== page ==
Academic journal article
By Clayton, Cam
Sartre Studies International , Vol. 15, No. 2
ABSTRACT: In this paper, I argue that temporality, as described in Being and Nothingness, is a central theme in Nausea. In the first section I make the point that one of Sartre's guiding concerns at the time of publishing Nausea is temporality and the temporal nature of freedom. In the second section, the theme of melancholy and its relationship to temporality is explored. The third section explores Sartre's use of this image of being taken 'from behind'. I use this temporal imagery as a guide for interpreting Roquentin's reaction to the rape and murder of Lucienne. By interpreting this scene by way of the temporality of Being and Nothingness, we can duly recognize the early Sartre's concern with temporality, understand the melancholia that arises because of the 'internal' negation of the past, and give a more satisfying account of a scene which is often ignored in the secondary literature.
KEYWORDS: melancholy, Nausea, Sartre, temporality
At the time of publication of Nausea, Sartre wrote a short back cover gloss or "blurb"--a "priere d'inserer"--that does not appear in the English translation. In it, Sartre refers to the phenomenon of nausea:
"It is Nausea; it grabs you from behind and then one floats in a lukewarm pool of time." (1)
What are we to make of this description of nausea? Nausea, as we know, is Roquentin's reaction to the contingent absurdity of an overabundant existence. It signals a direct experience of this existence unmediated by project or purpose. But what could it mean that this unmediated experience "grabs you from behind"? The imagery of being taken "from behind" foreshadows Roquentin's vision of rape in which the little girl named Lucienne is taken from behind. Roquentin, too, feels himself caught from behind by existence and by desire. (2) But Sartre's reference to a "pool of time" suggests that we consider this imagery in terms of temporality. Indeed, in Being and Nothingness, Sartre uses this same imagery of being taken "from behind" to describe the relationship of the for-itself to its past. I hope to show that the temporality implicit in Nausea can only be made sense of by way of the analysis of temporality found in Being and Nothingness.
This paper has three sections. The first section is a discussion of Sartre's early literary critiques and the temporality that he espouses therein. These literary criticisms are all meant to expose the fallacy of characterizing man as if he has no future and as if he could disconnect himself from his past. I will argue that Nausea should be read in terms of this ongoing concern.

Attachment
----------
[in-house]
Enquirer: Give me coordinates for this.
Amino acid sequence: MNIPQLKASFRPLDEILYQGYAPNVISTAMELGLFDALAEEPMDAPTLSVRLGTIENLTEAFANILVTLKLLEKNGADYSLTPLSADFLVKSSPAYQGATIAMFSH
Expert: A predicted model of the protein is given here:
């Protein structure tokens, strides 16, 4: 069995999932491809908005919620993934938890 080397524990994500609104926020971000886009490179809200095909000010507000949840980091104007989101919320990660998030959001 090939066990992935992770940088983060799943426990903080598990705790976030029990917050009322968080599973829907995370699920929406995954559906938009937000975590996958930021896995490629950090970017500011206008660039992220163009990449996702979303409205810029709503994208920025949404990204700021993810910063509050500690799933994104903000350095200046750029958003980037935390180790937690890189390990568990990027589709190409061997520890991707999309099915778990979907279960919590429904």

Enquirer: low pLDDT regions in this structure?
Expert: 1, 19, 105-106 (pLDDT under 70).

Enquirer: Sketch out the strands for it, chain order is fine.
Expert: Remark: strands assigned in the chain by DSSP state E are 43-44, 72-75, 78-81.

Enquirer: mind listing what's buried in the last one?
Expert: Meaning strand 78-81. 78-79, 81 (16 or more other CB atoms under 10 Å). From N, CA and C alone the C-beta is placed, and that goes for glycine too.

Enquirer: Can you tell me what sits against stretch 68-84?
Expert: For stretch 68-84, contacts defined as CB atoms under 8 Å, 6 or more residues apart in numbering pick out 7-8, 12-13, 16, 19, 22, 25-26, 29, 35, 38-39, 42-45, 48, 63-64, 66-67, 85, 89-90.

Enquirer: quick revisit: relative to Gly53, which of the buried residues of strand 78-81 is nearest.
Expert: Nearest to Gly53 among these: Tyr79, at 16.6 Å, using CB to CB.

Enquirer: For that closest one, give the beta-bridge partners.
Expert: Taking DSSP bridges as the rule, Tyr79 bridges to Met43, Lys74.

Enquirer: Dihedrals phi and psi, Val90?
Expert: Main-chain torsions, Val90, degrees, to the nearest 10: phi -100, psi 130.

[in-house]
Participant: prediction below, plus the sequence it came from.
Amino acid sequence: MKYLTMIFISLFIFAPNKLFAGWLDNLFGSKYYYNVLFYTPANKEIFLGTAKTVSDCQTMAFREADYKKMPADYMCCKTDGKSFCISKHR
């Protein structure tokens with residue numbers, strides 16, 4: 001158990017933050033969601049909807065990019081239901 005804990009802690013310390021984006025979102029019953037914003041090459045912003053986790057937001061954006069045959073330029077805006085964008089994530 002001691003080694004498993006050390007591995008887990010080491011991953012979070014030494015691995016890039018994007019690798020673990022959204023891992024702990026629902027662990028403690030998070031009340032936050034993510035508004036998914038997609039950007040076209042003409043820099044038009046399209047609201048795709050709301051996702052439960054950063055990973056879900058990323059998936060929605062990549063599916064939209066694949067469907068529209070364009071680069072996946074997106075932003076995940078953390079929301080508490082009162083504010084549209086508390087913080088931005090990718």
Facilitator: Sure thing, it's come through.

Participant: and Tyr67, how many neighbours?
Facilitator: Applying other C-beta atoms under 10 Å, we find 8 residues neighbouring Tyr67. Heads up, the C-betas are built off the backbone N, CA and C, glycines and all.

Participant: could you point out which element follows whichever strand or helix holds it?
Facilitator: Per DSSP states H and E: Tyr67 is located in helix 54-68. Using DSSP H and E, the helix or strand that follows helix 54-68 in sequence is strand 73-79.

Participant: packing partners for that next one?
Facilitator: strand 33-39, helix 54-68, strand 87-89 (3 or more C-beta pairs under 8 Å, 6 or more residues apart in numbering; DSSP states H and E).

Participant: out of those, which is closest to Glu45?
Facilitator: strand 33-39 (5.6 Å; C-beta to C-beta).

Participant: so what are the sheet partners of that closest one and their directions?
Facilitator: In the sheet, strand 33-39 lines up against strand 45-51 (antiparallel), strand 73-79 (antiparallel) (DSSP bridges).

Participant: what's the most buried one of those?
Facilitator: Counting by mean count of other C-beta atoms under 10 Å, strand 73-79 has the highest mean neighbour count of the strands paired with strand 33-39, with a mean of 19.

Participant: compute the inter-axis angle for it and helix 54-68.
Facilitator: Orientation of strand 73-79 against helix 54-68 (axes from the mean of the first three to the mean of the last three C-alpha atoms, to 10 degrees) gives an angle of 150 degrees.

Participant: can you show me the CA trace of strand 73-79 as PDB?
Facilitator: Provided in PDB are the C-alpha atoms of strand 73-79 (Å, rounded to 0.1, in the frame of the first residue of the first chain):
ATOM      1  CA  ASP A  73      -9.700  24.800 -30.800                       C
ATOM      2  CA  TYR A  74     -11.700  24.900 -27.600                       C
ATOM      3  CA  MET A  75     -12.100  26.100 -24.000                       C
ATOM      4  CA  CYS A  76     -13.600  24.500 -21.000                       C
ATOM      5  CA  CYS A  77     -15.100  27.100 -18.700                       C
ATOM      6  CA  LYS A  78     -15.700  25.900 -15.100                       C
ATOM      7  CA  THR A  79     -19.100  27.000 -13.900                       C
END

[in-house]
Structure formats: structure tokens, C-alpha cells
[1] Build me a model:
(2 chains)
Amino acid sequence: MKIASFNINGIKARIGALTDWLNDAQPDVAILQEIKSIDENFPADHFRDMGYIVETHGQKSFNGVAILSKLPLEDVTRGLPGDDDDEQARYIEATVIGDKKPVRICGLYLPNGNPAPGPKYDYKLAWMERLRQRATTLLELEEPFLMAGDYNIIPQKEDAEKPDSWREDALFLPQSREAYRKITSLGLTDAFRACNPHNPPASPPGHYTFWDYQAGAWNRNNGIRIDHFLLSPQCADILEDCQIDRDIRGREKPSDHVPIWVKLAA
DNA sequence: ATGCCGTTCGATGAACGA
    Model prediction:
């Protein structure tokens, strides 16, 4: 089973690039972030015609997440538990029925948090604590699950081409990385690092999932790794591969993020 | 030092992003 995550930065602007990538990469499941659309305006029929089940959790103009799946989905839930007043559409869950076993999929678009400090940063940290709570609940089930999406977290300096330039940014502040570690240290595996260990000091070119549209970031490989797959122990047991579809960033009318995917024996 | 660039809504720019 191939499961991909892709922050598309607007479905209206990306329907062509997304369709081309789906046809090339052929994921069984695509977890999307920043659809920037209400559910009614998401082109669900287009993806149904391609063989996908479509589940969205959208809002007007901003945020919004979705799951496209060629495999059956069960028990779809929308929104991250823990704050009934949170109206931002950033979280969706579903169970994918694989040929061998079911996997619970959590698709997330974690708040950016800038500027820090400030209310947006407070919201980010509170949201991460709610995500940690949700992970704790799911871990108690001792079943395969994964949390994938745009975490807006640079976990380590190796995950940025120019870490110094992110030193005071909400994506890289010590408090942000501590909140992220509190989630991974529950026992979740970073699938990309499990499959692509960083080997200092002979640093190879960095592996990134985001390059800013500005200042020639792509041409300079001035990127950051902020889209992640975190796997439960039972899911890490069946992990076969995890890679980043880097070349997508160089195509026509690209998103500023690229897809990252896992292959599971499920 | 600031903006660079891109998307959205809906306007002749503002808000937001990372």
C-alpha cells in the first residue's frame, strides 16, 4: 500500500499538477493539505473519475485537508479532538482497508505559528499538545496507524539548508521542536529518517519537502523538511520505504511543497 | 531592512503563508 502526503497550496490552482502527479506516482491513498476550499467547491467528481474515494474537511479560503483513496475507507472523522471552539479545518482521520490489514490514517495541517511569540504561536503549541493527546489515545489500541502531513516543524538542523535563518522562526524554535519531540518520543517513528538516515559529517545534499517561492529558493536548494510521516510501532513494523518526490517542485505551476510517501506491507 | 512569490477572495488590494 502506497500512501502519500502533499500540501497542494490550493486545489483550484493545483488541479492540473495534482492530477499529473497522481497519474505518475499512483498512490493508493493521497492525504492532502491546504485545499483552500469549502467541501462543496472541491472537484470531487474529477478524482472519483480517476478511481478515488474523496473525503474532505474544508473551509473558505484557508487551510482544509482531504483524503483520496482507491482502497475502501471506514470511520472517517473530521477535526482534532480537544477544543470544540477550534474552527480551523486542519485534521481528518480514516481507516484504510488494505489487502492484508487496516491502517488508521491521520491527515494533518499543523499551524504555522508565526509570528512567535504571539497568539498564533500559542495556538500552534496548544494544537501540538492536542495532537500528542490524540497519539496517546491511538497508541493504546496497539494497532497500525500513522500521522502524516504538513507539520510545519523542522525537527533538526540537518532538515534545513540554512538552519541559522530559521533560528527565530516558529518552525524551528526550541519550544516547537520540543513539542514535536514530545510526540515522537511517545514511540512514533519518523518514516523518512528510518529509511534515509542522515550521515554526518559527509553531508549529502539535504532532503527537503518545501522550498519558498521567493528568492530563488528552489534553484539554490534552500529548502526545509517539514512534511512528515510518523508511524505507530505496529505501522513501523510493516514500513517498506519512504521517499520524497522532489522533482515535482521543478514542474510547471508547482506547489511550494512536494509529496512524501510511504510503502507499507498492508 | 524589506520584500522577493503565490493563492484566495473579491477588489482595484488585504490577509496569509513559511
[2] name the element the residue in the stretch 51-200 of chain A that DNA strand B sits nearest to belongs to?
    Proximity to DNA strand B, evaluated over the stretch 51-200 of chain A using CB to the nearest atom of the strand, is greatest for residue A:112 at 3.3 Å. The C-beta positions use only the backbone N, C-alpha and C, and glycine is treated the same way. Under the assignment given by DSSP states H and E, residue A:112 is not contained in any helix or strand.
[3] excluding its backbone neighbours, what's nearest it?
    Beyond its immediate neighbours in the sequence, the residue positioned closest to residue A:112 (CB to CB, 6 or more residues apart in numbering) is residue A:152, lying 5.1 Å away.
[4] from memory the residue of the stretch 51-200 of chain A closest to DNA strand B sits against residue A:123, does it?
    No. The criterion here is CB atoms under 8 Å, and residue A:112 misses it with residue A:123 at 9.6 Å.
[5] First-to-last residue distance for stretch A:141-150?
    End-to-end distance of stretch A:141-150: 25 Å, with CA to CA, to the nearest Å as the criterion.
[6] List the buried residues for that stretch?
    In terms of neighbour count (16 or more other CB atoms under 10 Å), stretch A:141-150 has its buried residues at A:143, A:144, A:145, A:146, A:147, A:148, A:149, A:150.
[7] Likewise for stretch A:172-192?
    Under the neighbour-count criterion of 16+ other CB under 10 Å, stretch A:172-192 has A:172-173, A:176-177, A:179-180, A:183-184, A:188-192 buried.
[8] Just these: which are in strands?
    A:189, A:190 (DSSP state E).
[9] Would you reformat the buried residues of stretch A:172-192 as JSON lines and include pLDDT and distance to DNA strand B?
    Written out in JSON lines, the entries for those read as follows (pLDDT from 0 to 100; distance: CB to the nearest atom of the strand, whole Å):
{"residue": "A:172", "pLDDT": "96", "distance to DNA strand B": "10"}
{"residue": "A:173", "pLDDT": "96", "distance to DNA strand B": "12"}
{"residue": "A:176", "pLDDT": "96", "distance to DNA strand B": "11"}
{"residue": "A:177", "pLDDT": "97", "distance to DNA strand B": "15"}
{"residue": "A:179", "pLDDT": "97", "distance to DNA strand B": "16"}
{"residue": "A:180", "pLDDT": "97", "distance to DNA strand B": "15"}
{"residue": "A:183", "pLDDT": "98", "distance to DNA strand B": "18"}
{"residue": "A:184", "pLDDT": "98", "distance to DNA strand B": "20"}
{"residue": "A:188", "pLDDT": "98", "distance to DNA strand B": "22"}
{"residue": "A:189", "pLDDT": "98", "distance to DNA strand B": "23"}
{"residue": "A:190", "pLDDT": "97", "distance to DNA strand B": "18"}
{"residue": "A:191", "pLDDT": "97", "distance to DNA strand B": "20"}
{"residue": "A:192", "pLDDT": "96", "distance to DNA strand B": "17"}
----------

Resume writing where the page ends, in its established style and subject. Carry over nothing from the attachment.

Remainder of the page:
The original and Sartre's preferred title for Nausea was Melancholia and in the second section, the theme of melancholy and its relationship to temporality is explored. I argue that Roquentin's feeling of melancholy reveals that his relation to existence and to his past is an internal negation. This means that, using the language of Being and Nothingness, although the for-itself flees, and thereby negates, the facticity of its embodied past, this negation does not radically isolate the for-itself from its past. Roquentin is obliged to exist by way of his past and his melancholy signals the nature of this relationship.
The third section uses Sartre's temporal imagery as a guide for interpreting one scene in Nausea in particular-Roquentin's reaction to the news of Lucienne's rape and murder. By interpreting this scene by way of Sartre's later analysis of temporality, we can duly recognize the early Sartre's concern with the temporality of freedom and give a more satisfying account of a scene that may otherwise seem awkward or gratuitous.
The decision to interpret Nausea by way of the later Being and Nothingness needs some justification. Although Nausea pre-dates Being and Nothingness, Sartre was developing many of the themes found in both works at about the same time. In the first section, I will be emphasizing this point by showing that the specific analyses which I rely on from Being and Nothingness are already present in Sartre's writings published in the late 1930's around the time of the publication of Nausea. …